I explained my vision for this exercise: we say these things out loud to remember that mathematics is a human endeavor. I wanted to make clear that our full humanity was not only welcome here, but in fact would define and enrich this mathematical space.

 

Quítalo del Rincón.

After these introductions, I played a song:

http://math.sfsu.edu/federico/Talks/embale.m4a

In case you are not able to hear it, let me try to describe it, certainly not doing it any justice. The song starts with a pair of sticks, three drums, and a shaker, weaving an intricate combination of rhythms. A singer chants a long, melodic aaalalalalalalalaaa. Then he is joined by the main singer; in a beautiful and mysterious harmony, they introduce the theme of the song. The chorus comes in: a joyful call and response between the lead singer and a group of high-pitched voices — kids, maybe. While the kids keep repeating the chorus, the main singer starts improvising rhymes, and the drums just take off. If you have been a part of a group like this, you will recognize the feeling: you stop knowing exactly what it is that you are doing, and you collectively connect to something deeper than anything you can reach on your own. After a couple of minutes the recording fades out, but you can tell this is just for technical or commercial reasons: the musicians show no sign of slowing down; they are only getting started. (A recent performance of this song is at https://www.youtube.com/watch?v=FpxE_xzPNQY .)

As the music played, I asked students to come up with a mental picture of what was happening, and write down a few words to describe it. I’ll invite you to do that as well. Because students who could understand the lyrics were better prepared to answer this question, I asked them to step back for a moment and let the others answer first. They said:

community . joy . polyrhythm . family . crescendo . playful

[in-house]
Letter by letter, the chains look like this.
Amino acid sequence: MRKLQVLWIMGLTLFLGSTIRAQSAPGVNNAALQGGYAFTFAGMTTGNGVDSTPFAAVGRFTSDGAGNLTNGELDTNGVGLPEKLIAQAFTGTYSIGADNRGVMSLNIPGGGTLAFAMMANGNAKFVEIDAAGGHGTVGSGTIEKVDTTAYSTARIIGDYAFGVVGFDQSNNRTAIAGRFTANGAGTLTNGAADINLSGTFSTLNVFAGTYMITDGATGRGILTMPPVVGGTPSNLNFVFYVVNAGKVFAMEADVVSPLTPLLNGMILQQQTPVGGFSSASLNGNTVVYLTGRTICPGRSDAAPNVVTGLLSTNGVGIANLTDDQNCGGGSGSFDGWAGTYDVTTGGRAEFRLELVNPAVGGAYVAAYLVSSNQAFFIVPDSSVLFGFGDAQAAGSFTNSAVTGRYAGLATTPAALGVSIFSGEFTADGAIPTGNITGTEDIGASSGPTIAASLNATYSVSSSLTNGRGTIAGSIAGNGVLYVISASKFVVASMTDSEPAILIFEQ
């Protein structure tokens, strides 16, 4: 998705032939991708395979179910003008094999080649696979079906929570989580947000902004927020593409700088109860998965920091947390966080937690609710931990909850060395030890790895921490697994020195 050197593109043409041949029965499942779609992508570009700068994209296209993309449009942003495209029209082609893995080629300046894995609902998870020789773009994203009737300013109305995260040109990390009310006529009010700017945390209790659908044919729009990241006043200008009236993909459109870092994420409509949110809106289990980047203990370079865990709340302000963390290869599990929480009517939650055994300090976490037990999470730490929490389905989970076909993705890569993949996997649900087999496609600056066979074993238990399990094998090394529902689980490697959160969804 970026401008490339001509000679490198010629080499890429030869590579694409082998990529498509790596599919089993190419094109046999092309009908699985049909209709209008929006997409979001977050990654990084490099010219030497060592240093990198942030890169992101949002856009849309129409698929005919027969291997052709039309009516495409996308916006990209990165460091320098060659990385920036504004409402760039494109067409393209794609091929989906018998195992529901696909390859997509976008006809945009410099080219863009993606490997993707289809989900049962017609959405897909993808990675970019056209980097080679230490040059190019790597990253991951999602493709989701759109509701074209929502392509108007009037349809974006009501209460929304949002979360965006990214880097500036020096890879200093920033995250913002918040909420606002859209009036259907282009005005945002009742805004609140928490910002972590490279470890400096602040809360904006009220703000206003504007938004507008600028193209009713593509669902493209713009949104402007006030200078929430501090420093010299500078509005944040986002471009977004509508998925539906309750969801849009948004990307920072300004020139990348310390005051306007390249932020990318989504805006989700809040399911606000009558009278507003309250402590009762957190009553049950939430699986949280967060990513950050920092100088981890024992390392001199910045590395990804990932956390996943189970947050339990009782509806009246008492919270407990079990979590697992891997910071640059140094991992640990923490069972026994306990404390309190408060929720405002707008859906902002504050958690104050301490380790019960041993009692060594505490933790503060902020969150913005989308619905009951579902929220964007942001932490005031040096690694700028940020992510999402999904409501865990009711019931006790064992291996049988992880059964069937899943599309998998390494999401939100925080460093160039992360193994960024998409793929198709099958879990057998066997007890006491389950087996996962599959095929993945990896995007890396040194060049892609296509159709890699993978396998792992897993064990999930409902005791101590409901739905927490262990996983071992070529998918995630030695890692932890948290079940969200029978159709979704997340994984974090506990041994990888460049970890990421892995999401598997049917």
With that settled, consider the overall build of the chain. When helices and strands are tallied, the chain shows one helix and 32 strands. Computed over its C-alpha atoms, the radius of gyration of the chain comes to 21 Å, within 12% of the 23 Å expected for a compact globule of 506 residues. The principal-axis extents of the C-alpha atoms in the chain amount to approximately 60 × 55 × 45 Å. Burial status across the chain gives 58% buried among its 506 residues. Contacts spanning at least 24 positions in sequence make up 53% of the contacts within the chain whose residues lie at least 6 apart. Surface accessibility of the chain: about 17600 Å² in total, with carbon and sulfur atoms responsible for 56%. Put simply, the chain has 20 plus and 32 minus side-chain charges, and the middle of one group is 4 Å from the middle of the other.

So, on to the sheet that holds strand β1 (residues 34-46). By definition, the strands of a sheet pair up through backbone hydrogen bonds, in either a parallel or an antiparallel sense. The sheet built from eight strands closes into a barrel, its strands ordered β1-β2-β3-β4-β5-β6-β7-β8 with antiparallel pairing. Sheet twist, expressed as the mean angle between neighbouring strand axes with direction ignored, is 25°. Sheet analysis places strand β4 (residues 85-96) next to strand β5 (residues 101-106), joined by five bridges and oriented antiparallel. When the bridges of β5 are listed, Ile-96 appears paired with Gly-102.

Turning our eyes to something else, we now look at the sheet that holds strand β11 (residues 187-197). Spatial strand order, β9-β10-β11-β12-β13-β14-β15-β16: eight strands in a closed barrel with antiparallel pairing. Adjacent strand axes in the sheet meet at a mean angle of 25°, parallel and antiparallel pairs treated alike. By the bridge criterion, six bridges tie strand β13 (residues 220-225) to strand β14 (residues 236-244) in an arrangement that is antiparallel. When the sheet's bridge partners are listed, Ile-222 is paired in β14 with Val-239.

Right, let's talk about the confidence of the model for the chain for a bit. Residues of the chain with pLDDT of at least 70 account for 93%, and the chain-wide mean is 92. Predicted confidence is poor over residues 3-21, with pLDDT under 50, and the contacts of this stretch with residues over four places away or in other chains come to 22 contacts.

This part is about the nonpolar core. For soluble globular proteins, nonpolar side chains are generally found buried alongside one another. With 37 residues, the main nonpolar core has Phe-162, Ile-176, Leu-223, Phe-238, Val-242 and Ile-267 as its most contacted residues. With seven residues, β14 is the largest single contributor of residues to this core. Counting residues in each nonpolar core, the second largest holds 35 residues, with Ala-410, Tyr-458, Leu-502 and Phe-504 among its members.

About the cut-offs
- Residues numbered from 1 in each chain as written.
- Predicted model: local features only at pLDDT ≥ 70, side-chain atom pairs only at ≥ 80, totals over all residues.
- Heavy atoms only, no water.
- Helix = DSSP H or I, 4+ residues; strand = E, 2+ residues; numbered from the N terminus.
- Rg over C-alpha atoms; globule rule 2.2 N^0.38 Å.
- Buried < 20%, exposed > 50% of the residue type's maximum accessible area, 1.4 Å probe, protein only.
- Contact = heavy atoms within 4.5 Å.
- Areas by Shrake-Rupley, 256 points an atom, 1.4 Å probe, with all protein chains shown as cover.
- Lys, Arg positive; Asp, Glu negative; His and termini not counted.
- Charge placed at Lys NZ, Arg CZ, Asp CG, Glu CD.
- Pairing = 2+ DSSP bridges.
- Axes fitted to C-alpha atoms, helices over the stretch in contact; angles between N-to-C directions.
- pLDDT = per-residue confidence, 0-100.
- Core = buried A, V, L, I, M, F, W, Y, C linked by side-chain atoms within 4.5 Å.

encouraging . unexpected . churchlike . inviting . dancing
conversation . courage . motivation . cheerful . Spanish
learning . rhythm . celebration . style . culture . festive

Eventually, the Spanish speakers in the class told the rest what is happening here: It is a math class! Quítalo del rincón by Carlos Embales y los Roncos Chiquitos is a guaguancó — the style of Cuban rumba native to the Black neighborhoods of La Habana, born soon after the abolition of slavery in the late 1800s. The chorus says:

If someone doesn’t wanna learn, we’ll teach them, very happily!

20+3? 23.   30+6? 36.   20+3? 23.   30+6? 36.

Bring them out of the corner, over to the window; you’ll see how they’ll learn right away, full of joy!

20+3? 23.   30+6? 36.   20+3? 23.   30+6? 36.

On break during a mathematical visit to Ann Arbor, MI, I found this enigmatic album for $1, digging through the sales bin of a music store — the dream of a record collector! I was even more thrilled when I got back home and I heard this song. I return to it often, when I think about what I’d like my math classroom to feel like.

 

A Community Agreement.

The course syllabus is the first official document students receive in a class; it is the first impression they receive about what is valued in the class. When I began teaching, I would make the syllabus the night before classes started, essentially copying the syllabus from whoever taught the class last time — including the grading scheme. As an unintentional consequence, my class often valued whatever the last instructor valued.

In recent years I have tried to write syllabi that actually communicate the kind of course that I hope to build together with my students. This semester, after playing and discussing Quítalo del Rincón, we discussed the first part of the syllabus, which read:

In small groups, students discussed this agreement. To initiate a dialogue about it, I asked each group to share two words that particularly resonated with them. The wide variety of different answers was striking to me. Some students were excited that they would be challenged; some that they would be supported; some liked the combination of the two. Many liked the word “available”; most of them work and have many other obligations, and they appreciated that this was acknowledged. We discussed how to be productively critical of each other’s work, and what generosity might mean in a mathematics classroom. We talked about how sometimes we are very good at being patient with our classmates, but we are not so good at being patient with ourselves.